Yousuf’s Fried Chicken (YFC): Finger lickin’good

Published: April 13, 2013
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It's finger lickin' good! PHOTO: YOUSUF BAWANY

Be it in the form of Kentucky Fried Chicken (KFC) or a cloned recipe, fried chicken has literally taken this world by storm.

What can we say, it is finger lickin’ good and we all love to indulge in some from time to time! For most of us though, we’d prefer making it at home.

I’m in love with the extra-crispy recipe that KFC has and I have tried hunting for a good clone for ages. Unfortunately, all the recipes that I have tried so far don’t quite come up to par with the original.

After all the experimentation with what works and what doesn’t (cornflakes and a wet batter are a definite no no!), I’ve come up with this one recipe, and even though it’s not as good as the original, it is pretty a decent version that is loved by kids and adults alike.

I know it’s cliché but I decided to call this Yousuf’s Fried Chicken (YFC).

So without further ado, let’s get into the technicalities of what goes into making succulent YFC:

Ingredients

  • 2 chicken breasts (with skin) cut into three pieces each OR six drumsticks

[Tip: You can choose any six medium-sized pieces for this recipe and remove the skin if you wish; the skin just gives support for the breading and gives the fried chicken a crispier cover.]

  • 3 cups water with 1½ tsp salt (also known as brine)
  • ¾ cup all-purpose flour
  • ¾ cup cornstarch
  • ½ tsp oregano
  • ½ tsp MSG (a taste enhancer commonly known as Chinese salt or Ajino Moto)
  • ½ tsp paprika
  • ¼ tsp black pepper
  • ¼ tsp white pepper
  • ½ tsp salt
  • 1 cup buttermilk (I have used Laban to achieve similar results)
  • Oil or ghee for deep frying  (ghee works better)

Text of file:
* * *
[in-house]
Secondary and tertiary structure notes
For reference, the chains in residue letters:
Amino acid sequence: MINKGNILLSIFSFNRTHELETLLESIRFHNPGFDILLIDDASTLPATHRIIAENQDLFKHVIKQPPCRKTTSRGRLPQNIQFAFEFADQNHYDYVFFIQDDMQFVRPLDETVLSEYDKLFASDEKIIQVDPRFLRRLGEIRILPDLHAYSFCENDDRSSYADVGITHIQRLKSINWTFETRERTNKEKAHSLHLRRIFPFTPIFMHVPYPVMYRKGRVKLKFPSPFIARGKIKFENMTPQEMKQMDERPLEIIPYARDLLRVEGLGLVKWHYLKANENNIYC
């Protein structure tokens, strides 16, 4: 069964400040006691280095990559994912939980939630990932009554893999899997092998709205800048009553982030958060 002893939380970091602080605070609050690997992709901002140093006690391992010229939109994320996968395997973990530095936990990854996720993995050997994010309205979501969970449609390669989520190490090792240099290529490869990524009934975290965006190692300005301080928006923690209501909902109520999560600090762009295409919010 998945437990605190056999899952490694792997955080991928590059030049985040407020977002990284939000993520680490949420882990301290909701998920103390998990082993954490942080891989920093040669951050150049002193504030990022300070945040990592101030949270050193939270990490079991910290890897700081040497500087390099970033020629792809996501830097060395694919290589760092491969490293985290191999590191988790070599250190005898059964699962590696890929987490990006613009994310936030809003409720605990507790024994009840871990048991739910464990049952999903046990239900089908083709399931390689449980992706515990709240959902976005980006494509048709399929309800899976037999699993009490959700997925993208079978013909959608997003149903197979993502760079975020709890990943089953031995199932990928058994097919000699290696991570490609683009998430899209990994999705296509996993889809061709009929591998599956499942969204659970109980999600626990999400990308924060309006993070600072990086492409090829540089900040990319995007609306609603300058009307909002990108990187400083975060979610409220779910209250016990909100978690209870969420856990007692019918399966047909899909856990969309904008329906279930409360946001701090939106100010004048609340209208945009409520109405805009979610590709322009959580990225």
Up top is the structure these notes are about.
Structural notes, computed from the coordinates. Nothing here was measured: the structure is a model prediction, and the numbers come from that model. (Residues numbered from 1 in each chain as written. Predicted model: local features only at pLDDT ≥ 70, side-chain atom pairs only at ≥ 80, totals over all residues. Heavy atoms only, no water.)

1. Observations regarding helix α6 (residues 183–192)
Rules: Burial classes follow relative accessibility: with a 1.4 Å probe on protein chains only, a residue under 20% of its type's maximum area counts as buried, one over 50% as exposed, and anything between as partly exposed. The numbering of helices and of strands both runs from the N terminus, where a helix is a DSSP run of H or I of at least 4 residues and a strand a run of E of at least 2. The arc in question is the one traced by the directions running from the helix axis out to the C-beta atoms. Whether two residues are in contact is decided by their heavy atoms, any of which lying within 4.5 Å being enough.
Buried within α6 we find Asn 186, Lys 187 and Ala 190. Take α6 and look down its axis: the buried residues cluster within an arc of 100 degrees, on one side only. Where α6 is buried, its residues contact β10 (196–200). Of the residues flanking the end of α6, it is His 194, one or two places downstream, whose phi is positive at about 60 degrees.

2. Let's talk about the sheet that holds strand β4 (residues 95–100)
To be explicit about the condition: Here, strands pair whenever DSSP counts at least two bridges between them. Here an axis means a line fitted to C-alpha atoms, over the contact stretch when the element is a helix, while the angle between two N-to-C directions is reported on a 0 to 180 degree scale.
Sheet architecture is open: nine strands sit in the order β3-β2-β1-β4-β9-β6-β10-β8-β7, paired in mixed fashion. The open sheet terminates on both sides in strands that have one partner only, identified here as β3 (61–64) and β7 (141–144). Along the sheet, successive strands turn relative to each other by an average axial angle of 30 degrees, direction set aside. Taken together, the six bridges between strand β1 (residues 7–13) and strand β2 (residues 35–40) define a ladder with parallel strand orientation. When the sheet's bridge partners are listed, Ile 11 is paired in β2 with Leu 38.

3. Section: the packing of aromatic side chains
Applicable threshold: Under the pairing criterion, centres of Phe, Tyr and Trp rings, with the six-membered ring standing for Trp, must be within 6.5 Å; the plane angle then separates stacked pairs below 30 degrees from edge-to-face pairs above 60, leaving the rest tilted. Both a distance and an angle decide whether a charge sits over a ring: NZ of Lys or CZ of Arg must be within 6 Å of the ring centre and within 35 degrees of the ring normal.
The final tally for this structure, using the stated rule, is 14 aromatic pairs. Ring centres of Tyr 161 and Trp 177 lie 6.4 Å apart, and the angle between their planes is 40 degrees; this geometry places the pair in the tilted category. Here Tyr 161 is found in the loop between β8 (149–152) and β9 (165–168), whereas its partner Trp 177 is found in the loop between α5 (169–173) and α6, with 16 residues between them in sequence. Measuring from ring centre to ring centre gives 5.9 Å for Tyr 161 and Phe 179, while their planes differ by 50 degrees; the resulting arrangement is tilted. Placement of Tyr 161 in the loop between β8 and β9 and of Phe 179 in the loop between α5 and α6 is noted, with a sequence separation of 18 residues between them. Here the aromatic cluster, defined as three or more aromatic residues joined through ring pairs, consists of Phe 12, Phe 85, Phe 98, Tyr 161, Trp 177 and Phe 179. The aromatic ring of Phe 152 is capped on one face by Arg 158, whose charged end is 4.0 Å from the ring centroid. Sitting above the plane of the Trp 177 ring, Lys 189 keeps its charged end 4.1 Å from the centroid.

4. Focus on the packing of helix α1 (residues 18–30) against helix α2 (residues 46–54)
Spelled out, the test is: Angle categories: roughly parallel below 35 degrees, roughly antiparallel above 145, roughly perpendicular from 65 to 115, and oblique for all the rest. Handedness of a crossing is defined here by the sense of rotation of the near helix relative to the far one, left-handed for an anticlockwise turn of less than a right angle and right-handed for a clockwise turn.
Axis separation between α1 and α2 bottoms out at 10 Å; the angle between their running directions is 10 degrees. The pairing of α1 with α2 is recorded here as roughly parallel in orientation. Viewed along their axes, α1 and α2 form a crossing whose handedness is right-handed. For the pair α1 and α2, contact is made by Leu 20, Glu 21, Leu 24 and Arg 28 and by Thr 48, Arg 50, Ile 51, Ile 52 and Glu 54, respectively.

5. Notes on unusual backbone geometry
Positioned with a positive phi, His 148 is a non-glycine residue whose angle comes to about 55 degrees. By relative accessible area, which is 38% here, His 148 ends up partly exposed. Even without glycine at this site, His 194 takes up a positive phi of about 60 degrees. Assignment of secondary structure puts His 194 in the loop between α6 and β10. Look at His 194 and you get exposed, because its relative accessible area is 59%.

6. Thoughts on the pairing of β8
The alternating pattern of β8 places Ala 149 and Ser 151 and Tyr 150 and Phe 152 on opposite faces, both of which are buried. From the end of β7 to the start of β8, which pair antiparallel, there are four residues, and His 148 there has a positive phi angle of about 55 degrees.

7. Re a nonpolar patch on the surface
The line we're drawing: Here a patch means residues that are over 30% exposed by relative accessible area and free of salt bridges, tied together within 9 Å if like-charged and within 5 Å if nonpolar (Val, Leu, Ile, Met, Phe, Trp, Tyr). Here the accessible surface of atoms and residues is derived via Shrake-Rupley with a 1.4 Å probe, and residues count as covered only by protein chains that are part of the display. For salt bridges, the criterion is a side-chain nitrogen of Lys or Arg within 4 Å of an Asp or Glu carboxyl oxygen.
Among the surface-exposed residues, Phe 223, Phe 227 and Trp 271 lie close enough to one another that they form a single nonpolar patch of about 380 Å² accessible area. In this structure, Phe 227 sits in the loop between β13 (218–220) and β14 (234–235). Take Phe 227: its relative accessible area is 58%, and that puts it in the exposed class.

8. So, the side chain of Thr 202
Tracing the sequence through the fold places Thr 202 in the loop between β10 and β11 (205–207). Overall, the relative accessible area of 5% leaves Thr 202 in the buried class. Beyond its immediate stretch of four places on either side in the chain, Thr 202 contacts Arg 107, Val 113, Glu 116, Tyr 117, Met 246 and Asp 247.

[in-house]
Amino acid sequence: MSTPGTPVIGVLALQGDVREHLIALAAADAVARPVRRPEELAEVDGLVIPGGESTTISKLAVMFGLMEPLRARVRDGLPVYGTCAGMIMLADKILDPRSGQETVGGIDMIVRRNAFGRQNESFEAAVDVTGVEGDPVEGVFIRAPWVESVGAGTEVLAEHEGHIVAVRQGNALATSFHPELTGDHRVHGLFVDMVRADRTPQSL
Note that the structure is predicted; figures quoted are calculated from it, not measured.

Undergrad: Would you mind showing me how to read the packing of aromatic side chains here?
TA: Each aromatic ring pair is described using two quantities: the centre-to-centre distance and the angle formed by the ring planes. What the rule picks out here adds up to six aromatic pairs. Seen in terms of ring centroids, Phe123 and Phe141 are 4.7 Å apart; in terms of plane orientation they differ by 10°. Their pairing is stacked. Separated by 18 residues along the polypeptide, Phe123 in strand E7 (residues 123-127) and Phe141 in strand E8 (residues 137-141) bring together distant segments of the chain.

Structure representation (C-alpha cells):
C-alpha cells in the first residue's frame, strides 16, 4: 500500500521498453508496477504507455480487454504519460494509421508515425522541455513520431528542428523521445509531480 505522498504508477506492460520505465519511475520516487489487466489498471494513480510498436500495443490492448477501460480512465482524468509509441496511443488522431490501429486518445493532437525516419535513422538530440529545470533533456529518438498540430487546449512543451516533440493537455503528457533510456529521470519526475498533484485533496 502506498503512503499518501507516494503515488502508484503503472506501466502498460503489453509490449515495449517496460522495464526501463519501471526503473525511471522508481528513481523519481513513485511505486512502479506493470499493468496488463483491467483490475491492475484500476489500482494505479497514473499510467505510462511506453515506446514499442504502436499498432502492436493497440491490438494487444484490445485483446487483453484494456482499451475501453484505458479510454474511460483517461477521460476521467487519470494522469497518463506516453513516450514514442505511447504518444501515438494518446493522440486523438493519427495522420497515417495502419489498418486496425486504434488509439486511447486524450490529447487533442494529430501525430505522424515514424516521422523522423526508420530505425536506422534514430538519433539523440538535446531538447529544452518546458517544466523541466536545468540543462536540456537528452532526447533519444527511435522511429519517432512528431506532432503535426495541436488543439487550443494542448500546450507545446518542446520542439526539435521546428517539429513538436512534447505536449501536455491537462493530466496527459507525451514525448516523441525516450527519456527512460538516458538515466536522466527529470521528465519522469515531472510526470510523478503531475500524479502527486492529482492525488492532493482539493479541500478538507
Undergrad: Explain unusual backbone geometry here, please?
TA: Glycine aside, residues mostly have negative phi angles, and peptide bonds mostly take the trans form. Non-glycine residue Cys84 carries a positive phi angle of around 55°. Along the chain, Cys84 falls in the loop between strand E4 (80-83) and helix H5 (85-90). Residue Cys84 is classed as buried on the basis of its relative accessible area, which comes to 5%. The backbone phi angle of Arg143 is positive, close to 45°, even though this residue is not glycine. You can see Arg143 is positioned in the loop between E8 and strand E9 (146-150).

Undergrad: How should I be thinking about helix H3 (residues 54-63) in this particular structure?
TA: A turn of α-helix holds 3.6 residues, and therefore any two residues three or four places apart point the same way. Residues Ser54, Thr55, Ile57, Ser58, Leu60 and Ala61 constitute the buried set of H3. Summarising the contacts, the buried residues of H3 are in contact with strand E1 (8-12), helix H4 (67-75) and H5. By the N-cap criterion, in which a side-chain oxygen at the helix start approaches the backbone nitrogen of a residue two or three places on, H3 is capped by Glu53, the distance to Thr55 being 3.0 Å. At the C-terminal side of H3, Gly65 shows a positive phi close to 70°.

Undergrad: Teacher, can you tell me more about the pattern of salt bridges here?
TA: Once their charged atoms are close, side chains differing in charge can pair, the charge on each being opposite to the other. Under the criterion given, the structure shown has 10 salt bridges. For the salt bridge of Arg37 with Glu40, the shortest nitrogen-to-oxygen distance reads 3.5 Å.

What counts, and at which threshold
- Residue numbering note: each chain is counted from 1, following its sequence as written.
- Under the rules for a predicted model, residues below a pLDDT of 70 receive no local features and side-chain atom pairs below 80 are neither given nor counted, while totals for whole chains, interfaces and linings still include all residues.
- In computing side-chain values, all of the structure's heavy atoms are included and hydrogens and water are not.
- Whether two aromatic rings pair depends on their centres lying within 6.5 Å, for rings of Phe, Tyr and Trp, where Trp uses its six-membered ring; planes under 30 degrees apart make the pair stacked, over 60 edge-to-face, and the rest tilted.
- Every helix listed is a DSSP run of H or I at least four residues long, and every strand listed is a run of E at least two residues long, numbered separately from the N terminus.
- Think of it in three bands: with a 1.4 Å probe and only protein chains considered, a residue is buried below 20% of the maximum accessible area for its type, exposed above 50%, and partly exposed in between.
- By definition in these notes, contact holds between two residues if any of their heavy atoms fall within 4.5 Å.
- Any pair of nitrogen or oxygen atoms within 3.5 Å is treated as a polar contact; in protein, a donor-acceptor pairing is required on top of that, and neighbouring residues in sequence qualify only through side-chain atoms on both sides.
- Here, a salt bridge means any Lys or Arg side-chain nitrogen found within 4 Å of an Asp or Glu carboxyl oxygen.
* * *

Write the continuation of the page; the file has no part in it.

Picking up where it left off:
Method

  1. Soak the chicken for about 8-10 hours (ideally) in brine and put it in the refrigerator. I have made the chicken after soaking it in brine for just half an hour and it gets good results too.
  2. In a bowl, mix together all-purpose flour, cornstarch, oregano, MSG, paprika, black and white pepper, and salt; mix these well so that the ‘dry batter’ is nice and consistent.
  3. Take out the chicken from the brine and dry each piece using a towel.
  4. Dip a piece of chicken into the buttermilk (or Laban) ensuring all its sides are properly covered, take out the piece and let all the residue drip back into the bowl.
  5. Dip this piece immediately into the dry batter, making sure to coat all sides evenly; give the chicken a slight shake to remove the excess batter before setting it aside on a platter.
  6. Repeat steps 4 and 5 till all the pieces have been coated.
  7. Let all the pieces air-dry for about 5-10 minutes so that the coating is hard and dry; this will ensure that the oil doesn’t splatter once you put the pieces in for frying.
  8. In a deep pan, add oil or ghee and heat it; the oil has to be just the right temperature and to ensure that, add a piece of bread into the oil and it should be brown in about 50 seconds. If you have a candy thermometer, the temperature has to be around 180° to 190° centigrade.
  9. Carefully start putting in the chicken pieces one at a time, skin side down (as it takes slightly longer to cook); make sure not to overcrowd the pan and leave some room for the pieces to breathe (or not – pun intended)
  10. Flip the pieces halfway through the cooking process so that the other side gets some crunch and colour too.
  11. Fry the chicken for about 7 -10 minutes, till it has a crisp golden brown cover.
  12. Take all the pieces out on a paper towel to drain the excess grease.
  13. Serve immediately with a side of French fries, chili garlic sauce and mayonnaise.

Please do try this recipe out and let me know how it was; I’d really appreciate your honest feedback.

Also, I intend to keep trying to find ‘the perfect fried chicken recipe’ and once I do, I will definitely share it with you; till then, you’ll have to settle for this recipe.

Cheers!

PHOTOS: YOUSUF BAWANY

This post originally appeared here.

Read more by Yousuf here or follow him on Twitter @YousufBawany 

Yousuf Bawany

Yousuf Bawany

A writer who enjoys to cook foods from across the world. He blogs at yousufbawany.wordpress.com. He tweets @YousufBawany (twitter.com/YousufBawany)

The views expressed by the writer and the reader comments do not necessarily reflect the views and policies of The Express Tribune.